Social media makes life - even personal life - oddly impersonal. We click "like" and feel like we've REALLY supported someone (emotionally, or in their work), instead of actually giving real tangible support. For example, someone is fundraising for a project or a charity, or showing their artwork, and we click "like" and feel like we did something good to support them, when really we did nothing. We no longer feel any obligation to actually put our energy or money where our mouth (or mouse?) is. We don't really show up for people.
We post our thoughts and feel like we're actually talking to people, but when we read people's posts, we feel like they weren't really trying to communicate with us. So few people will actually respond to a meaningful or heartfelt post in any earnest or genuine way. We'd rather assume it wasn't for us, or maybe we feel uncomfortable, and we decide it's best to do nothing.

Last week, I wrote this long blathery post about navigating friendship with chronic illness. Then I sat on it for several days. I'm still sitting on it. Something about it didn't quite feel right...

Friendships, or really any relationships, and how they last or don't doesn't actually have much to do with whether you're chronically ill or not. Chronic illness is just one among the many things that can make or break any close relationships - things like going through a breakup, a divorce, a death in the family, a major career change, financial woes, the birth of a child... Anything that shakes you out of your routine and your comfort zone, and pushes you into the unknown, into grief and loss, or the new and unfamiliar. Anything that makes your life afterwards somewhat (or very) unrecognizable.

I've lost a LOT of friends over the past five years. If I started listing them all, I might have a full on self-hate and shame meltdown. ("It must be me!!!!" "What will people think????") It'd be like having a scarlet letter on my sweater - except F for Failed Friend.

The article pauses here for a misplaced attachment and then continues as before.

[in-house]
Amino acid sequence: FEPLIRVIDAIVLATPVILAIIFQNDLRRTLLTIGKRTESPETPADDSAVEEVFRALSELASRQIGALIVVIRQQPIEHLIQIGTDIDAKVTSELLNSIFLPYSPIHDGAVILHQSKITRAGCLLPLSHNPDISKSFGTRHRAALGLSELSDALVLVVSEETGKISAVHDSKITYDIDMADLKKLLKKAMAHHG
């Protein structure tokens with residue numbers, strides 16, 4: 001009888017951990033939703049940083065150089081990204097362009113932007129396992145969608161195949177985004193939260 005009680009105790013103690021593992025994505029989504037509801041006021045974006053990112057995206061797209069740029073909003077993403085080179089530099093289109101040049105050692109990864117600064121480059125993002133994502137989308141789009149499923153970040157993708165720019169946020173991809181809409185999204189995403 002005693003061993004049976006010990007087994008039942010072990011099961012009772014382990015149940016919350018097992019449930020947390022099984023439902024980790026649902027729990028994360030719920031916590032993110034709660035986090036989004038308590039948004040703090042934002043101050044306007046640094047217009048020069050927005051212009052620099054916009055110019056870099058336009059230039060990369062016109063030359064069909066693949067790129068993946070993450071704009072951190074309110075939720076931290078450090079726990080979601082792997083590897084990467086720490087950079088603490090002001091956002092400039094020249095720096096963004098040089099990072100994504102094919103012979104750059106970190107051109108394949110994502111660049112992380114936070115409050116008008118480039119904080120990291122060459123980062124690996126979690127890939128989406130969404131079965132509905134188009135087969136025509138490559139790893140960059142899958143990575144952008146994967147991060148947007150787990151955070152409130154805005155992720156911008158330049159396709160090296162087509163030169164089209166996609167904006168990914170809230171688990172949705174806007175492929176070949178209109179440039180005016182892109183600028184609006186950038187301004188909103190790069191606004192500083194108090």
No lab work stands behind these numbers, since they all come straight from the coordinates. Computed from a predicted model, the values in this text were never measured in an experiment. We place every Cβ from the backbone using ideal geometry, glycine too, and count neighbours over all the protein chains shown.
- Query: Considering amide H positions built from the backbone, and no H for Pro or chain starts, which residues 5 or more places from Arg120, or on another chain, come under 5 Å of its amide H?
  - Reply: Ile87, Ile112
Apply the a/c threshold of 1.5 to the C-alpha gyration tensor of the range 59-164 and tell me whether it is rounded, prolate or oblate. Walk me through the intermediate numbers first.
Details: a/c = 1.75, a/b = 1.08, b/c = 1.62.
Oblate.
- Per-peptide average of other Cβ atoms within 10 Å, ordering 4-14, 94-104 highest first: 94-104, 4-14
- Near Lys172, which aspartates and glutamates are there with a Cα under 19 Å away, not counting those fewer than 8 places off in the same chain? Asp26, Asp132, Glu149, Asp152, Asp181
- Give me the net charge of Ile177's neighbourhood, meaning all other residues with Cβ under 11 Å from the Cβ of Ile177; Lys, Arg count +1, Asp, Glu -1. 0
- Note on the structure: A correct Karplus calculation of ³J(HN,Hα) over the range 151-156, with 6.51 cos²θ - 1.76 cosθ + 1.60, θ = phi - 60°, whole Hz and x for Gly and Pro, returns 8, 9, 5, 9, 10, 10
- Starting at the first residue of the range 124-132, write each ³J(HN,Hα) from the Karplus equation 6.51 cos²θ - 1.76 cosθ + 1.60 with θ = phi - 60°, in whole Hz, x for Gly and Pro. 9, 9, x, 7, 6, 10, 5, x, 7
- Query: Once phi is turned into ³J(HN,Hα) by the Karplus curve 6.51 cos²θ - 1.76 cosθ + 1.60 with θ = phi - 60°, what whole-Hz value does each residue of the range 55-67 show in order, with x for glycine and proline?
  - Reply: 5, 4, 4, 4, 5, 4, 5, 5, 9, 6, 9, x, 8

The thing is - it is me, not them. Yes, me. My unwillingness to be taken advantage of. My unwillingness for a relationship to be completely on another person's terms. My failing tolerance of my kindness being taken for granted. My finally standing up for myself, and learning that I am worthy enough not to go chasing and pandering after people who don't really care about me the way I deserve.

Limits. We don't like them. We don't want to be told by anyone - not even ourselves - what we can or can't do. That each of us will eventually hit a wall at some point.

While working on my previous post on illness and beauty/body image, I had several conversations with different friends, and one of the topics that people kept really honing in on was denial. An email exchange with a friend turned into a long rant on my part, and I thought it was worth sharing, so I've fleshed it out into this post - I feel like it's a very important awareness to develop.

loss-final
~ Let your loss set you free Heartgirl by Ariane K ~

There are at least a couple people in my life who've recently brought up the topic of nostalgia. It's not just thinking about or idealizing the past though, it's this recognition that there is something they're longing for that isn't present in their lives anymore. 

I feel it too. Sometimes I don't realize it until something twigs this burried memory of a feeling I can rarely tap into anymore.

Pride Parade

Sometimes you feel it in crowds, at a festival or a concert. Sometimes you feel it out in nature with people who are special to you. Or on a road trip driving late into the evening with the music blasting. Or your first time in a new city at sunset...